William Hamilton, founder of Mimerse discusses the power of VR in the third sector and how it can bring disparate groups closer together
Virtual Reality (VR) technology is commonly referred to as an ‘empathy machine’ due to the impact it can have on users. Instead of being presented with information, the user receives a mediated experience.
VR makes it possible to step into a first-person perspective and feel what it is like to be in a warzone or a flooded area. There is a common saying that leaders are too far removed from the people: VR has an obvious role to play in that area, as it can bring powerful decision-makers in closer connection with the people affected by their decisions.
Some early instances of development show great promise. The UN co-produced a documentary on the Syrian Refugee crisis from the perspective of a young girl. It premiered at the World Economic Forum in Davos and allowed leaders and potential donors to feel the plight of refugees with a level of empathy that had never been possible before. This VR experience was later used in a fundraising event in Kuwait in March 2015 that raised 3.8bn USD.
VR not only carries the possibility of making stories and experiences immediately felt at a distance, but it can make the world itself feel smaller than ever before. In the 1960s, Steward Brand successfully campaigned for NASA to release a photo of the entire planet seen from space. Brand thought that this image would be a powerful uniting symbol for humanity. With Google Earth VR, you can now access a similar image of the whole planet, spin the globe, pick a location, and zoom all the way to the ground level, until you find yourself standing on the street.
In a future where self-driving cars, wearables and drones, all equipped with cameras, become commonplace, companies like Google will be able to aggregate information from these devices to create and maintain a perpetually updated, high resolution 3D model of the entire earth. Imagine if the people involved in each negotiation with consequences for a certain border, village or landmass could actually visit that place in real time through VR? They would be able to directly empathise and hold a less abstract perspective on the issue at hand.
Today, in international forums, VR
is still an accessory to the main event, but this may be about to change. It should become an obligatory part of the process to take a virtual survey of the regions involved before sitting down for a discussion. This would lead to more conscientious, rational and collaborative discussions and decisions.
Is change about to happen?
With Google Earth VR, it is already possible to adjust the time of day and see the world under different lights. Imagine running more advanced simulations that allow negotiators to actually experience the simulated impact and outcomes of their decisions, with areas of application ranging from infrastructure development to climate change and wars. A UK Startup, Improbable
, is building an engine for such complete simulations and recently raised a $500M series B round. Receiving such an experience of the likely long-term impacts of policy could profoundly change global governance.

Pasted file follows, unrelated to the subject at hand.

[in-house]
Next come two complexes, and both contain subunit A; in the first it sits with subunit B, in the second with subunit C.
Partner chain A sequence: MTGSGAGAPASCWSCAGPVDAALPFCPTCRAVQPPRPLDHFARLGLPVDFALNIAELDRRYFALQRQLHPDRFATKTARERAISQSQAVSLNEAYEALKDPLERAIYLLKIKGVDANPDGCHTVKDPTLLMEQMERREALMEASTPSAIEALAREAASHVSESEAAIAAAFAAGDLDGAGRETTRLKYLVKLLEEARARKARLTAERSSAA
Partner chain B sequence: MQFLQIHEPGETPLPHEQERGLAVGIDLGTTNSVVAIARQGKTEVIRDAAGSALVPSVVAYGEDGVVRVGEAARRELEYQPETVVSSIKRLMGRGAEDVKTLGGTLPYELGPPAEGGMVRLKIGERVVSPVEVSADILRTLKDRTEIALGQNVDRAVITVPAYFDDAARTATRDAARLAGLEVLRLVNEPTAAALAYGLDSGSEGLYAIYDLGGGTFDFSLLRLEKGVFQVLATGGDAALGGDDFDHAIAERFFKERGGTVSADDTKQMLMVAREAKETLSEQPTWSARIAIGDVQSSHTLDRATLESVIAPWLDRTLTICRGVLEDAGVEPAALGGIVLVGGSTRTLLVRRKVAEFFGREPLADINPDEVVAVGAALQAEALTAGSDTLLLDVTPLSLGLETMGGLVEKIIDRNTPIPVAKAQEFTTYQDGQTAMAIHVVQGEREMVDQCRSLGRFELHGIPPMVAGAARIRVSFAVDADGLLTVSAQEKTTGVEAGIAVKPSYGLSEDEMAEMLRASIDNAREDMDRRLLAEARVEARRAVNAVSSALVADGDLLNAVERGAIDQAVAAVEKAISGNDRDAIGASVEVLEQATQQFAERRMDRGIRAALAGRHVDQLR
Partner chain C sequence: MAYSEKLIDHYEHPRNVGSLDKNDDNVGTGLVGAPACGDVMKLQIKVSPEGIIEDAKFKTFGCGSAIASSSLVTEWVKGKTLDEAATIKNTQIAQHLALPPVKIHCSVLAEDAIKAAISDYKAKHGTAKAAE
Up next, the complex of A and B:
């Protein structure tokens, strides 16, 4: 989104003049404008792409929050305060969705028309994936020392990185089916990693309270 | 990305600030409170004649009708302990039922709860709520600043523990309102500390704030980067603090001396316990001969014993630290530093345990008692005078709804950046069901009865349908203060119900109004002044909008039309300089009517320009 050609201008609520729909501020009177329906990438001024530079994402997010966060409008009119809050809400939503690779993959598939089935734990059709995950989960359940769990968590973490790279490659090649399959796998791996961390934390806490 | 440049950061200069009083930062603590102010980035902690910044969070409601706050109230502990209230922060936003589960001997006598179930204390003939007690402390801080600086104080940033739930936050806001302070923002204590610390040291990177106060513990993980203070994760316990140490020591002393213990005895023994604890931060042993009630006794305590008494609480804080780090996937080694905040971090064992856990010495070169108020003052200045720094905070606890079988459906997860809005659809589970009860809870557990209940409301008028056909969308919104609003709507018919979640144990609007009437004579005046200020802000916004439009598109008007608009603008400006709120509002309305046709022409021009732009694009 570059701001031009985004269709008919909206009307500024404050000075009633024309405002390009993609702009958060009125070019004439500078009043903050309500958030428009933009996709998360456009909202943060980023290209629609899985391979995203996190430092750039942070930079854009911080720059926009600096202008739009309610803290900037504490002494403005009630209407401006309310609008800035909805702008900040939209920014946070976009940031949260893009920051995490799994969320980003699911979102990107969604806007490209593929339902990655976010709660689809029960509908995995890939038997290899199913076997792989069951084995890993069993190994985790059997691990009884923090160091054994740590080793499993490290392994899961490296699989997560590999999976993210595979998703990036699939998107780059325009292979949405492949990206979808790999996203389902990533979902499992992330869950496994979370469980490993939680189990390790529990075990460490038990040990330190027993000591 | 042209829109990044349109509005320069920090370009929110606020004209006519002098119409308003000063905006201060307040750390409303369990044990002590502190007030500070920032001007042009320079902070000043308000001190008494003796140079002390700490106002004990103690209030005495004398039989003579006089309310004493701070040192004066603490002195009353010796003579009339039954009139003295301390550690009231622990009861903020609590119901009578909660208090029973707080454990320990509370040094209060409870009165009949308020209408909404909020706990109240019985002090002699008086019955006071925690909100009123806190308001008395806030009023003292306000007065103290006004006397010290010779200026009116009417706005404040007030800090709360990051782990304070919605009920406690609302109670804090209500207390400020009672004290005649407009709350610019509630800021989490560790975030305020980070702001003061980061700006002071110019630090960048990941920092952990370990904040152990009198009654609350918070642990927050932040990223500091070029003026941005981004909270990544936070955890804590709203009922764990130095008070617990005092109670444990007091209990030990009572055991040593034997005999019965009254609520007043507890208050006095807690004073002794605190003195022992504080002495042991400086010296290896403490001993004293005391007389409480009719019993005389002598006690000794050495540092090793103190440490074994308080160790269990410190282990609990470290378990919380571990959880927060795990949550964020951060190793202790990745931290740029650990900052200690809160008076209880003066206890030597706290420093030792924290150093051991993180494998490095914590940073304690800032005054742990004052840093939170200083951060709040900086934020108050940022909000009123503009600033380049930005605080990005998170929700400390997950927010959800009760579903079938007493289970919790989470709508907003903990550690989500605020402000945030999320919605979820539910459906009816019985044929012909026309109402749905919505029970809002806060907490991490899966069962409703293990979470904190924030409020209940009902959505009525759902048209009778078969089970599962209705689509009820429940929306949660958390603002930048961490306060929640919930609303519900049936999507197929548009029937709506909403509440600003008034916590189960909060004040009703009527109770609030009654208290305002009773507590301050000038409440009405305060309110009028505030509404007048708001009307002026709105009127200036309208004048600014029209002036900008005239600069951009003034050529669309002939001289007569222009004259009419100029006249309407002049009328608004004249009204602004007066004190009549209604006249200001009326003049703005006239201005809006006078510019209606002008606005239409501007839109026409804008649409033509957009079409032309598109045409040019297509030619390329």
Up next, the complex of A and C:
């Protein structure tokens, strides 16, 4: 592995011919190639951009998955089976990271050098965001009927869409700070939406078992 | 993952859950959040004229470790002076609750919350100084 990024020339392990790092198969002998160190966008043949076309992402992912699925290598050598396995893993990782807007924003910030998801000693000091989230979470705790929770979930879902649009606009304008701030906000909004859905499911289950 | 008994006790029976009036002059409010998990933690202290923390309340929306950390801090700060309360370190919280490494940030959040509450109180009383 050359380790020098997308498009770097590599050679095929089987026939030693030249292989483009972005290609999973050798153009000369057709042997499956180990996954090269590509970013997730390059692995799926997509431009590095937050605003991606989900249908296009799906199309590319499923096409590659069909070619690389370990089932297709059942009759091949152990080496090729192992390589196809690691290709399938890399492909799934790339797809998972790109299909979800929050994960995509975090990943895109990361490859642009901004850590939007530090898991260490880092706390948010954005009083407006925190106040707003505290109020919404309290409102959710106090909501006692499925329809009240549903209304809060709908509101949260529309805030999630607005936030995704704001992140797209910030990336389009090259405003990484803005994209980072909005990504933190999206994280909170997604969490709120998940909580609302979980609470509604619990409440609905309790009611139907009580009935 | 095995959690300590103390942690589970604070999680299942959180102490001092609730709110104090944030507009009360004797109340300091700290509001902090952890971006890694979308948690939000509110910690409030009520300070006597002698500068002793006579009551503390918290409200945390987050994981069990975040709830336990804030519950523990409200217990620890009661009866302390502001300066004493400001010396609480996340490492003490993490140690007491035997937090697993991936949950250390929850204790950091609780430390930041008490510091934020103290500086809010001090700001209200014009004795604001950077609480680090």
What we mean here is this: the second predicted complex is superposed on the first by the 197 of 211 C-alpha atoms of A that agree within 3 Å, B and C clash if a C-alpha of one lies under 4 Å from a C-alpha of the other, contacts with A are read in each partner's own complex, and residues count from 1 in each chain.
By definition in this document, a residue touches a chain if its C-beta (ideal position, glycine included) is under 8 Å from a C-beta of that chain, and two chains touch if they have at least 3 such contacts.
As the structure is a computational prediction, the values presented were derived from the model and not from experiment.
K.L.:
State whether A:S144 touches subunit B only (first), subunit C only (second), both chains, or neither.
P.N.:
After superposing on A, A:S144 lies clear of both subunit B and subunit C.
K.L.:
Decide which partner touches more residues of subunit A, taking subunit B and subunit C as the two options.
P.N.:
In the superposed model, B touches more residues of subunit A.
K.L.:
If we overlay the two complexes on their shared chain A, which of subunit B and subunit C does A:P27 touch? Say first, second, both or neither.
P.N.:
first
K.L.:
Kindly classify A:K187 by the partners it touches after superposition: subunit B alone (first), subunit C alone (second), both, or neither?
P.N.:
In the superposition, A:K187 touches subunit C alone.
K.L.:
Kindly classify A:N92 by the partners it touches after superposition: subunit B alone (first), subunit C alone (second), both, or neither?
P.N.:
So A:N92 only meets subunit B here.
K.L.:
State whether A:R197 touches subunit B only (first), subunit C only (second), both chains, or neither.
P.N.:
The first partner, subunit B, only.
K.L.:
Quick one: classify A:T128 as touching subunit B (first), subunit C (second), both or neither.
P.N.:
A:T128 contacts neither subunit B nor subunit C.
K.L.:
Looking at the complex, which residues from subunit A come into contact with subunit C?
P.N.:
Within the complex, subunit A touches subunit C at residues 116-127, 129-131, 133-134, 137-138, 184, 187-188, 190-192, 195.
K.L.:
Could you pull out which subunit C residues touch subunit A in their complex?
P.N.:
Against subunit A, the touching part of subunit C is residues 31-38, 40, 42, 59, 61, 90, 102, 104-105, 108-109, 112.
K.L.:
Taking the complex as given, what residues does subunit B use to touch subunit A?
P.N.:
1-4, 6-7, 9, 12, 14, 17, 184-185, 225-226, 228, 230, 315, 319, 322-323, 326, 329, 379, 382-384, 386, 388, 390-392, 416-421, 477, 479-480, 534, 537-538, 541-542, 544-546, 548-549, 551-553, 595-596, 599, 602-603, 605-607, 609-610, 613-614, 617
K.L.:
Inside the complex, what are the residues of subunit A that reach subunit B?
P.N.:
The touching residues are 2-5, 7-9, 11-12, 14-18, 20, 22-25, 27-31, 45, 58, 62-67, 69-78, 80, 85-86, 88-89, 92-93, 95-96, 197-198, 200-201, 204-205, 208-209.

VR is also about to change meetings and interpersonal relationships. Microsoft R&D has already demonstrated a feasible concept for full telepresence through human holograms. Real time 3D scans will make it possible to interact at a distance with a much higher quality of human contact than what is possible through video conferencing today. Participants will be able to hold and sustain eye contact, communicate through body language, and experience mutual closeness.
Communicating this way opens up a plethora of possibilities, particularly when combined with other technological developments. Imagine being able to customise your own avatar to any appearance, while ensuring that your facial and bodily movements are perfectly mapped in real time to this virtual avatar, directly conveying emotion. Imagine being able to integrate real time translation to a distance interaction, removing the need for translators.
This prospect could make the huge machine of the UN translation system obsolete in the coming decades. Taking it even one step further, imagine being able to remap emotions and body language, so that personal communication styles are better matched, and greater intuitive alignment becomes possible.
In the area of global governance, fully evolved mixed reality will bring revolutionary change. Soon enough, fully virtual summits will be commonplace, and decision-making processes will hopefully become more constructive, thanks to the gained perspectives that come with the power to go anywhere and experience anything.
Thanks to the exponential development of its enabling technologies, VR, MR and AR will create a new era not only in human computer interaction, but in human to human interaction – and radically shift our perspective on ourselves, our globe, and the fabric of reality itself.
This piece is in an excerpt from an essay contributed to the Global Challenges Foundation’s report, ‘Global governance in the age of disruptive technology
About the author
Before dropping out to become an entrepreneur, William Hamilton was a researcher in clinical psychology at Stockholm University. In 2014 he founded Mimerse with the mission of spreading evidence based psychological treatments through immersive technology. He also co-founded Vobling, a leading VR/AR-agency with offices in Stockholm, Manila and Lagos servicing world leading brands, corporations and institutions.